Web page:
Before discussing how to enhance the byte code, we will first introduce the organization of the byte code that represents a Java class or interface.

Class file {

0 xCAFEBABE, minor version number, major version number, constant pool size, constant pool array,

Access Control tag, current class information, parent class information, number of Implemented interfaces, array of implemented interface information, number of domains,

Array of domain information, number of methods, array of method information, number of attributes, and array of attribute information

}

As shown above, the byte code of a class or interface uses a loose organizational structure, and the content contained in it is arranged in sequence. Content that may contain multiple entries, such as Implemented interfaces, domains, methods, and attributes, is represented in arrays. Before the array, the number of entries in the array is displayed. Different content types have different internal structures. For developers, if they directly manipulate byte arrays containing byte code, the development efficiency is relatively low and error-prone. There are already many open-source libraries that can modify the byte code or create the byte code content of the new Java class from the beginning. These class libraries include ASM, cglib, serp, and BCEL. Using these class libraries can reduce the complexity of enhanced byte code to a certain extent. For example, consider the following simple requirement and output the corresponding logs before all methods of a Java class are executed. Anyone familiar with AOP knows that we can use a prior enhancement (before advice) to solve this problem. If ASM is used, the related code is as follows:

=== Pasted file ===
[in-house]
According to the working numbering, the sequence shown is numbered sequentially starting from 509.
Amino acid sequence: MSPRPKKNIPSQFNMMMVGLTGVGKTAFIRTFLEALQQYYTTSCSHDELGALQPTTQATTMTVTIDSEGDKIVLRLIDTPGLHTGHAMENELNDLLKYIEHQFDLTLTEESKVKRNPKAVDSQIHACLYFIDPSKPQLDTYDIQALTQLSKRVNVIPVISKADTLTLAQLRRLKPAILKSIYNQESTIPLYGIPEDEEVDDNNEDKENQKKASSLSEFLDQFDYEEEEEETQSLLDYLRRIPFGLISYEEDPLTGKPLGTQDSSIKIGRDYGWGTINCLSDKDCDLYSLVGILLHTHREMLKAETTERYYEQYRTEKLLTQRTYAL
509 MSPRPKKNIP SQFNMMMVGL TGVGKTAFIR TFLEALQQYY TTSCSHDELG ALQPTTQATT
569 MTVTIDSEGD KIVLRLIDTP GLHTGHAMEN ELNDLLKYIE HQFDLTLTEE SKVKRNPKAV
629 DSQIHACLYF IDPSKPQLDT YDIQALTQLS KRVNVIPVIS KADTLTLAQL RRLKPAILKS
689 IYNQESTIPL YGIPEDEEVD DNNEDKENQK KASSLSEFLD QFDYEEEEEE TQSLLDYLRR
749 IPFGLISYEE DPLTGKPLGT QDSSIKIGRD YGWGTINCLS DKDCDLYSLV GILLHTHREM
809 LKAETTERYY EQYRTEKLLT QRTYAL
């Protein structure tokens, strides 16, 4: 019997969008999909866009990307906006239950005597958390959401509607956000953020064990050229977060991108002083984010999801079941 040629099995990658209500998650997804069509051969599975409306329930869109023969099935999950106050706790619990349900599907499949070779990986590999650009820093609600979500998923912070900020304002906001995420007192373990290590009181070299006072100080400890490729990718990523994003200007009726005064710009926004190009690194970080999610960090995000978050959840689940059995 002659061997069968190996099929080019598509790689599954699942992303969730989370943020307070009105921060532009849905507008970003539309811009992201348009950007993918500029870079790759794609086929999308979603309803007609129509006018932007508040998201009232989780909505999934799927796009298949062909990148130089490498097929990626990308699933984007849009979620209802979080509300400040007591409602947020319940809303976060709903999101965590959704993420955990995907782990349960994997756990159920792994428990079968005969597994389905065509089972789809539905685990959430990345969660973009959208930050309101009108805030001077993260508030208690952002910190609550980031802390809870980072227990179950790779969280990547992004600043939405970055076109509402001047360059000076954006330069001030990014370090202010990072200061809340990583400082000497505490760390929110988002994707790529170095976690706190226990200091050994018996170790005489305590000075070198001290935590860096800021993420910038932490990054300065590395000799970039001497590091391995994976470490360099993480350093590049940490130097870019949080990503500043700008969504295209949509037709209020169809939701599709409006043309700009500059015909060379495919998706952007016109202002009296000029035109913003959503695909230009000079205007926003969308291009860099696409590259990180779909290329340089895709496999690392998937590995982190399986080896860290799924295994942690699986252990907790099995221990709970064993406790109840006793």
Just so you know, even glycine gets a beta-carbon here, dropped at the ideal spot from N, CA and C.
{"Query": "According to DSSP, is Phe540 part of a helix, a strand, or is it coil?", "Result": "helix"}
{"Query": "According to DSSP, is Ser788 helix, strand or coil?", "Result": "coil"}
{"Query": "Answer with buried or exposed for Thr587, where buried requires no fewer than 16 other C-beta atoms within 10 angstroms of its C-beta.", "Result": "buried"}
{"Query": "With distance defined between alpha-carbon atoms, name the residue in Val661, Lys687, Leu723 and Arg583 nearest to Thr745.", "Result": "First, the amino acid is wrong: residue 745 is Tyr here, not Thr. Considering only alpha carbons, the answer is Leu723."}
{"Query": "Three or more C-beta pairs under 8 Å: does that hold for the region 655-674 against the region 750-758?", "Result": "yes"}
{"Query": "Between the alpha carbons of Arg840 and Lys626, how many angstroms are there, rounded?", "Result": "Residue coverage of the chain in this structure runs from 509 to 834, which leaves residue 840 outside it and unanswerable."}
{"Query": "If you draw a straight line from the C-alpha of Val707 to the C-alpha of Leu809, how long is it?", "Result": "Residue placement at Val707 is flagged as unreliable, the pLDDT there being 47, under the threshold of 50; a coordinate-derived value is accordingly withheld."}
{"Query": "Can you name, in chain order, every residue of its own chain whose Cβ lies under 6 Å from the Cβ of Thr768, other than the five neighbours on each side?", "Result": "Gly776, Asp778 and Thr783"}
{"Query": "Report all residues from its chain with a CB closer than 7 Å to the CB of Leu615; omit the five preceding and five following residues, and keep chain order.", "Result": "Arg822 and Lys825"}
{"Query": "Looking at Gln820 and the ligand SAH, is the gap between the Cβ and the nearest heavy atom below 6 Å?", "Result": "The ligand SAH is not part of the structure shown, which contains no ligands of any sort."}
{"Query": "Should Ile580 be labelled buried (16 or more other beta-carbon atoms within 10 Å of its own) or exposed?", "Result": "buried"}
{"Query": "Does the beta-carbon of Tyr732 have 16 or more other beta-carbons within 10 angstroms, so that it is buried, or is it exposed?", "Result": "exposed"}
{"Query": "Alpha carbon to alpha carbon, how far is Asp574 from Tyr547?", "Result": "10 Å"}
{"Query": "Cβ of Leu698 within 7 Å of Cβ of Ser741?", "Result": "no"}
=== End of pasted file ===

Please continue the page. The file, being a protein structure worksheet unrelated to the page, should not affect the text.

ClassReader cr = new ClassReader (is );

ClassNode cn = new ClassNode ();

Cr. accept (cn, 0 );

For (Object object: cn. methods ){

MethodNode mn = (MethodNode) object;

If ("<init>". equals (mn. name) | "<clinit>". equals (mn. name )){

Continue;

}

InsnList insns = mn. instructions;

InsnList il = new InsnList ();

Il. add (new FieldInsnNode (GETSTATIC, "java/lang/System", "out", "Ljava/io/PrintStream ;"));

Il. add (new LdcInsnNode ("Enter method->" + mn. name ));

Il. add (new MethodInsnNode (INVOKEVIRTUAL, "java/io/PrintStream", "println", "(Ljava/lang/String;) V "));

Insns. insert (il); mn. maxStack + = 3;

}

ClassWriter cw = new ClassWriter (0 );

Cn. accept (cw );

Byte [] B = cw. toByteArray ();

From ClassWriter, you can obtain the byte array containing the enhanced byte code. You can write the byte code back to the disk or use it directly by the class loader. In the above example, the logic of the enhancement section is relatively simple. It just traverses all the methods in the Java class and adds a call to the System. out. println method. In byte code, the Java method body is composed of a series of commands. What we need to do is to generate commands that call the System. out. println method and insert these commands to the beginning of the command set. ASM abstracts these commands, but it is difficult to get familiar with all the commands. ASM provides a tool class ASMifierClassVisitor, which can print the structure information of the byte code of the Java class. When you need to enhance a class, you can first modify the source code, and then use this tool class to compare the differences between the byte code before and after the modification, so as to determine how to write the enhanced code.

The time to enhance class files is after Java source code compilation and before JVM execution. Common practices include:

The IDE performs the compilation operation. For example, Google App Engine's Eclipse plug-in will run DataNucleus after compilation to enhance the object class.

Complete the build process, for example, using Ant or Maven to perform relevant operations.